Josh Sitton: General manager Ted Thompson has drafted 17 offensive linemen in his nine drafts. There have been more misses than hits, but Sitton has been a home run. In each of his four seasons as a starter, Sitton has ranked as one of the top guards in the NFL, according to grades from ProFootballFocus.com.
Last season, according to the NFL's media-only stats site, the Packers averaged 4.89 yards per carry over right guard. That was the seventh-best rate in the league.
Sitton moved from right guard to left guard in the Packers' sweeping remodel of the offensive line, but the change shouldn't be an issue. Easing the transition will be lining up alongside left tackle Bryan Bulaga. When he was at right guard, Sitton started next to seven right tackles. He's got the most chemistry with Bulaga.
"Playing next to somebody for so long, you build that chemistry, you build that friendship, you build that bond with a guy," Sitton said. "You learn how to fit run blocks with somebody and like you said, I've played next to a lot of tackles here, so I know difficult it is to be thrown in with different people. It's a big thing. I'm glad we moved together. Hopefully, we'll kick some ass with it."
Bryan Bulaga: As the Packers' first-round pick in 2010, Bulaga was expected to eventually take over at left tackle. At the time, scouts and media pundits wondered whether Bulaga had the requisite arm length to play the position.
Three years later, we're going to learn the answer, as Bulaga is the focal point of the big line switch.
The hope is Bulaga will be a major upgrade over last year's left tackle, Marshall Newhouse. Newhouse ranked 32nd out of 52 offensive tackles in pass protection last season, according to ProFootballFocus.com. According to the NFL's stats site, the Packers averaged 2.34 yards per carry over left tackle — worst in the league.
Is Bulaga good enough to protect Aaron Rodgers' blind side?
"Yep," was offensive line coach James Campen's one-word answer.
The big battle
Right tackle: There's not a more interesting position battle on the roster. In one corner, it's Newhouse. While it wasn't enough improvement to prevent the big line switch, Newhouse did take a significant step in the right direction in 2012. At right tackle, he wouldn't face the same caliber of pass rushers, though his shortcomings in the run game might be amplified. He took just about every snap with the No. 1 offense.
In the other corner is Don Barclay, who proved himself a formidable run blocker. The run game averaged 10 more yards per game and rang up 10 of its 12 touchdowns with Barclay in the lineup. His pass protection, however, was only so-so. During the spring, he shuttled between right tackle, right guard and center.
Who emerges might not be just about who's the best player. Rather, it's about the direction of the offense. If it will be a pass-heavy emphasis again, which would be logical with Rodgers, then Newhouse looks like the favorite. If McCarthy is truly interested in running the ball and being more physical, then Barclay should get the nod.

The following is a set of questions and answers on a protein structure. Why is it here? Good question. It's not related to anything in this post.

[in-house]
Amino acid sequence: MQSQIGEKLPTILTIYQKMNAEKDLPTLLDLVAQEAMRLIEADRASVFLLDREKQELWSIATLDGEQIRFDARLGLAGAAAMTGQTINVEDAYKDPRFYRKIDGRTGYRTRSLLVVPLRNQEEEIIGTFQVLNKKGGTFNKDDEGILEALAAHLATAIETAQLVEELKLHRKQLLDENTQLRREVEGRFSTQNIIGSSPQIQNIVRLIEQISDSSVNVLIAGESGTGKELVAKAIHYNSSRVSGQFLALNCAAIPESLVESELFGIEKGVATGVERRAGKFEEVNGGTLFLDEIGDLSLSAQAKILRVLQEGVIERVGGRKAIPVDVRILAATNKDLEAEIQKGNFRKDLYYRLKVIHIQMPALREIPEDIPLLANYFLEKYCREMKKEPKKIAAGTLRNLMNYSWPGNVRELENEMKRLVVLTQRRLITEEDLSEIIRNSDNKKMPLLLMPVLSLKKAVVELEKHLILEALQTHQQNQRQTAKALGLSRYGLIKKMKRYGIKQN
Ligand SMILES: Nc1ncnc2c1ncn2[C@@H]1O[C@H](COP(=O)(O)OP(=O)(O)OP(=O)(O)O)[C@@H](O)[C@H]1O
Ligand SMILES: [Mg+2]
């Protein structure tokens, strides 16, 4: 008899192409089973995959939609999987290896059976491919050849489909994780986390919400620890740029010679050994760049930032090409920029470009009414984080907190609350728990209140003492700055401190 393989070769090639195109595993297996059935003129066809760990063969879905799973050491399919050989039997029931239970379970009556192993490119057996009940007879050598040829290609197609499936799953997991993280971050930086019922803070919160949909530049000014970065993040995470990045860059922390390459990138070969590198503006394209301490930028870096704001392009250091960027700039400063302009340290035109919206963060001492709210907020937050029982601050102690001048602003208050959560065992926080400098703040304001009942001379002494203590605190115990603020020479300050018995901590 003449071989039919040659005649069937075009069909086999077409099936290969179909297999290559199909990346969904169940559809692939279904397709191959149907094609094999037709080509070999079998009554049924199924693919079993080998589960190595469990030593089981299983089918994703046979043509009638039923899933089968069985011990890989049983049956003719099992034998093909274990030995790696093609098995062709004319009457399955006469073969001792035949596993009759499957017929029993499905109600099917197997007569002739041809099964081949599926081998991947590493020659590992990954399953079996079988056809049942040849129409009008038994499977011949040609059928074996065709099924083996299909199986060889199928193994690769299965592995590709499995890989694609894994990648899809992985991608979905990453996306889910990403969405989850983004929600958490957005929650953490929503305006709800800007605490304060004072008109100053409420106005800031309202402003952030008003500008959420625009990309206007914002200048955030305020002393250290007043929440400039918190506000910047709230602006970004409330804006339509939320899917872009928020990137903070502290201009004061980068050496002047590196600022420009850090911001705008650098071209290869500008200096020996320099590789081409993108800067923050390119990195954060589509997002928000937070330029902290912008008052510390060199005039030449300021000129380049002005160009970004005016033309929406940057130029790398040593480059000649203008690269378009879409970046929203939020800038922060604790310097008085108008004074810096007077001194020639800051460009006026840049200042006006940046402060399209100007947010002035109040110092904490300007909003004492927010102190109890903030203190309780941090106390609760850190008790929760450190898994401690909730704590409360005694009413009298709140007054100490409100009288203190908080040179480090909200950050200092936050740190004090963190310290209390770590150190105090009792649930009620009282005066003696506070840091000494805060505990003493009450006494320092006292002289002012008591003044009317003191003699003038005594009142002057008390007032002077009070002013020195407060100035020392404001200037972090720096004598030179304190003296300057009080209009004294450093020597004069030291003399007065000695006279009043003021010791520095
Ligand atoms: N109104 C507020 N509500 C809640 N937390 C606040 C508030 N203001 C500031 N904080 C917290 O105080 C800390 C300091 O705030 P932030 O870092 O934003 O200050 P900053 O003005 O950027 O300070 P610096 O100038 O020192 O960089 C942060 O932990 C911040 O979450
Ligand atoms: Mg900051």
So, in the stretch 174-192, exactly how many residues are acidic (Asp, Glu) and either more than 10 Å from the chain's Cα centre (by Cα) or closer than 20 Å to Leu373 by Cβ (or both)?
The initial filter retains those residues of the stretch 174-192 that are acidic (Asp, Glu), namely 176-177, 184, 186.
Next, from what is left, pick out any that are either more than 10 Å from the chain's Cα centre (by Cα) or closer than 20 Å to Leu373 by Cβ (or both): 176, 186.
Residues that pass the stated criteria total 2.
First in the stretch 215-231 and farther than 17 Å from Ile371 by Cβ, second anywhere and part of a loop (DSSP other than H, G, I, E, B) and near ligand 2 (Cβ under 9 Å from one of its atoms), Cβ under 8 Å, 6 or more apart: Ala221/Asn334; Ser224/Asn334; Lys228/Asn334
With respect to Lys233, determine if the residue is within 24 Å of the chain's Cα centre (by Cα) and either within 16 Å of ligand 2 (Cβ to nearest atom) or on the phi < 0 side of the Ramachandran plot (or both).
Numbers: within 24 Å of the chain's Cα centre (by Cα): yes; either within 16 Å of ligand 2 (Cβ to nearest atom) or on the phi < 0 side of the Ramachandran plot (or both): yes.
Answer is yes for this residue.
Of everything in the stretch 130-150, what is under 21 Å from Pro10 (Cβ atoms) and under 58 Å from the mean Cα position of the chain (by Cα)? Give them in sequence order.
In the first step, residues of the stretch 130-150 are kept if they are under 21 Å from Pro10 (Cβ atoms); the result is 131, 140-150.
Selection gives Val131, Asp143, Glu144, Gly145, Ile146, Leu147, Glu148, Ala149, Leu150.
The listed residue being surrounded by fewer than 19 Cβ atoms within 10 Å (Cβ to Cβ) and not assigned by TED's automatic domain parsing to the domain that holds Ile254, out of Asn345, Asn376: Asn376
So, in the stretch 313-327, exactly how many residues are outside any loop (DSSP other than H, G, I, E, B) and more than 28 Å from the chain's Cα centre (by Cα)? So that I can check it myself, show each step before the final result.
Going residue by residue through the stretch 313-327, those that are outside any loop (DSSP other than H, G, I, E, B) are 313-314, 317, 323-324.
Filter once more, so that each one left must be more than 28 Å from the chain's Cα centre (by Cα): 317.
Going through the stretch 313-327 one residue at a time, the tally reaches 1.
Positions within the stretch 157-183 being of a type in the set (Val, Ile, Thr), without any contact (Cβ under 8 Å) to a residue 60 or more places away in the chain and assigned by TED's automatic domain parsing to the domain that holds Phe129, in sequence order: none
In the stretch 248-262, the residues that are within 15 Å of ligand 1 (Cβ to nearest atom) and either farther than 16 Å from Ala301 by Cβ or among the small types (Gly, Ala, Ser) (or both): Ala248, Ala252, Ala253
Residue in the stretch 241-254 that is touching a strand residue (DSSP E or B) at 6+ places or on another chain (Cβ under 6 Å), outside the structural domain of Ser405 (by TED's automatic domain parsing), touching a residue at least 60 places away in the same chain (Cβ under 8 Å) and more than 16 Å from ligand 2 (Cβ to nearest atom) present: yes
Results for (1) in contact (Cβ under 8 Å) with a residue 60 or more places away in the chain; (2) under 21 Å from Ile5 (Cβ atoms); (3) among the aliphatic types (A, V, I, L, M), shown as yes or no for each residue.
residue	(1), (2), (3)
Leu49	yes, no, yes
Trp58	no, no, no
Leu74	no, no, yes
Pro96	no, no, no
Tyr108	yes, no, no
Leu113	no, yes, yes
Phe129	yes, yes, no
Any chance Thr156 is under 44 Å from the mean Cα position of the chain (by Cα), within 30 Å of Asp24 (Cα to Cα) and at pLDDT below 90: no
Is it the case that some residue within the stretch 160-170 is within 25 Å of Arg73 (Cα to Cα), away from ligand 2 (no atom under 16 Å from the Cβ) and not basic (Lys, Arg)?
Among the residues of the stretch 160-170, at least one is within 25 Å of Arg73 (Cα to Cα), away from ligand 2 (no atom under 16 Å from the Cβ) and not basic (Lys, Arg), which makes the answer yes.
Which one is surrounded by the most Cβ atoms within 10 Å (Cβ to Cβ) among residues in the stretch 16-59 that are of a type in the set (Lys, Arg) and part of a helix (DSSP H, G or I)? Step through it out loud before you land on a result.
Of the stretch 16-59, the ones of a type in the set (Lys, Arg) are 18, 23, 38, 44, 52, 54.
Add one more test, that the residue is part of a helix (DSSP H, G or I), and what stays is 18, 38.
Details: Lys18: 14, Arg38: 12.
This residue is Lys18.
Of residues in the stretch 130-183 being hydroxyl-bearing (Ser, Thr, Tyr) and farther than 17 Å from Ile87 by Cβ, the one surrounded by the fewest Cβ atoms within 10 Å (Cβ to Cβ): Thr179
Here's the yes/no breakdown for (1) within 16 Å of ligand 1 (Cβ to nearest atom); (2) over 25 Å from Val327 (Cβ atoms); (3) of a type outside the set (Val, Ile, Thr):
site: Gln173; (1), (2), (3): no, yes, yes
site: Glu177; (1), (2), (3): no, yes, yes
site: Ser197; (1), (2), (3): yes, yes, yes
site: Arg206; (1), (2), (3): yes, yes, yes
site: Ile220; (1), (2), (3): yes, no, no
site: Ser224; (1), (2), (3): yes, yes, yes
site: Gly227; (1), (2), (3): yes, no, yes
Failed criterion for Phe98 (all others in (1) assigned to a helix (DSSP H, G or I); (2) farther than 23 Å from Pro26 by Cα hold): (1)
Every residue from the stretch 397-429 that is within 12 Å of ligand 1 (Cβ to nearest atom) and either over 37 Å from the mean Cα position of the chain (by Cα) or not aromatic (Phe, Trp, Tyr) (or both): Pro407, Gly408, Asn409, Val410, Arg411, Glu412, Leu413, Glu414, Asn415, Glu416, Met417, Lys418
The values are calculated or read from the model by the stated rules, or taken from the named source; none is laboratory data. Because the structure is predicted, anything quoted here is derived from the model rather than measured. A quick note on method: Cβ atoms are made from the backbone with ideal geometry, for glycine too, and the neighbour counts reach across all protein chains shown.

Derek Sherrod: The wild card at right tackle is Sherrod, the 2011 first-round pick who missed all of last season with a broken leg sustained late during his rookie season. It's been exactly 83 weeks since Sherrod took a live snap. From the start of training camp to the first regular-season game, there will be six weeks worth of practices. Is that enough time to shake off all that rust and win the starting job?
Andrew Datko: It will be interesting to see Datko compete. Because of the shoulder problems that have dogged his career and doomed his senior season at Florida State, Datko never mounted much of a push for a roster spot last summer. Fast forward 12 months, Datko says he's stronger and more confident. He's got a chance to be the No. 1 left-side backup.
The bottom line
Of the aforementioned 17 picks by Thompson, only four were in the first three rounds — Bulaga and Sherrod in the first, Daryn Colledge in the second and Jason Spitz in the third. Colledge and Spitz aren't on the team and who knows if Sherrod ever will contribute. Of this year's two picks, David Bakhtiari needs a year to get bigger and stronger and J.C. Tretter might miss the season after breaking an ankle on the first day of OTAs.
In that light, McCarthy's decision to shake up the line wasn't really a gamble — not after another season of 50-plus sacks and a bad run game.
Figuring Sitton and T.J. Lang have plenty of time to get used to their new outlooks on life at guard and Evan Dietrich-Smith makes continued progress at center, it all comes down to Bulaga being healthy and capable of playing the marquee spot on the offensive line. If he's at least an average left tackle, that might be good enough given Rodgers' mobility. After all, the Packers scored 999 points the past two seasons with Newhouse getting 26 of the 32 starts at left tackle.
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Bill Huber is publisher of Packer Report magazine and PackerReport.com and has written for Packer Report since 1997. E-mail him at firstname.lastname@example.org, or leave him a question in Packer Report's subscribers-only Packers Pro Club forum. Find Bill on Twitter at twitter.com/PackerReport.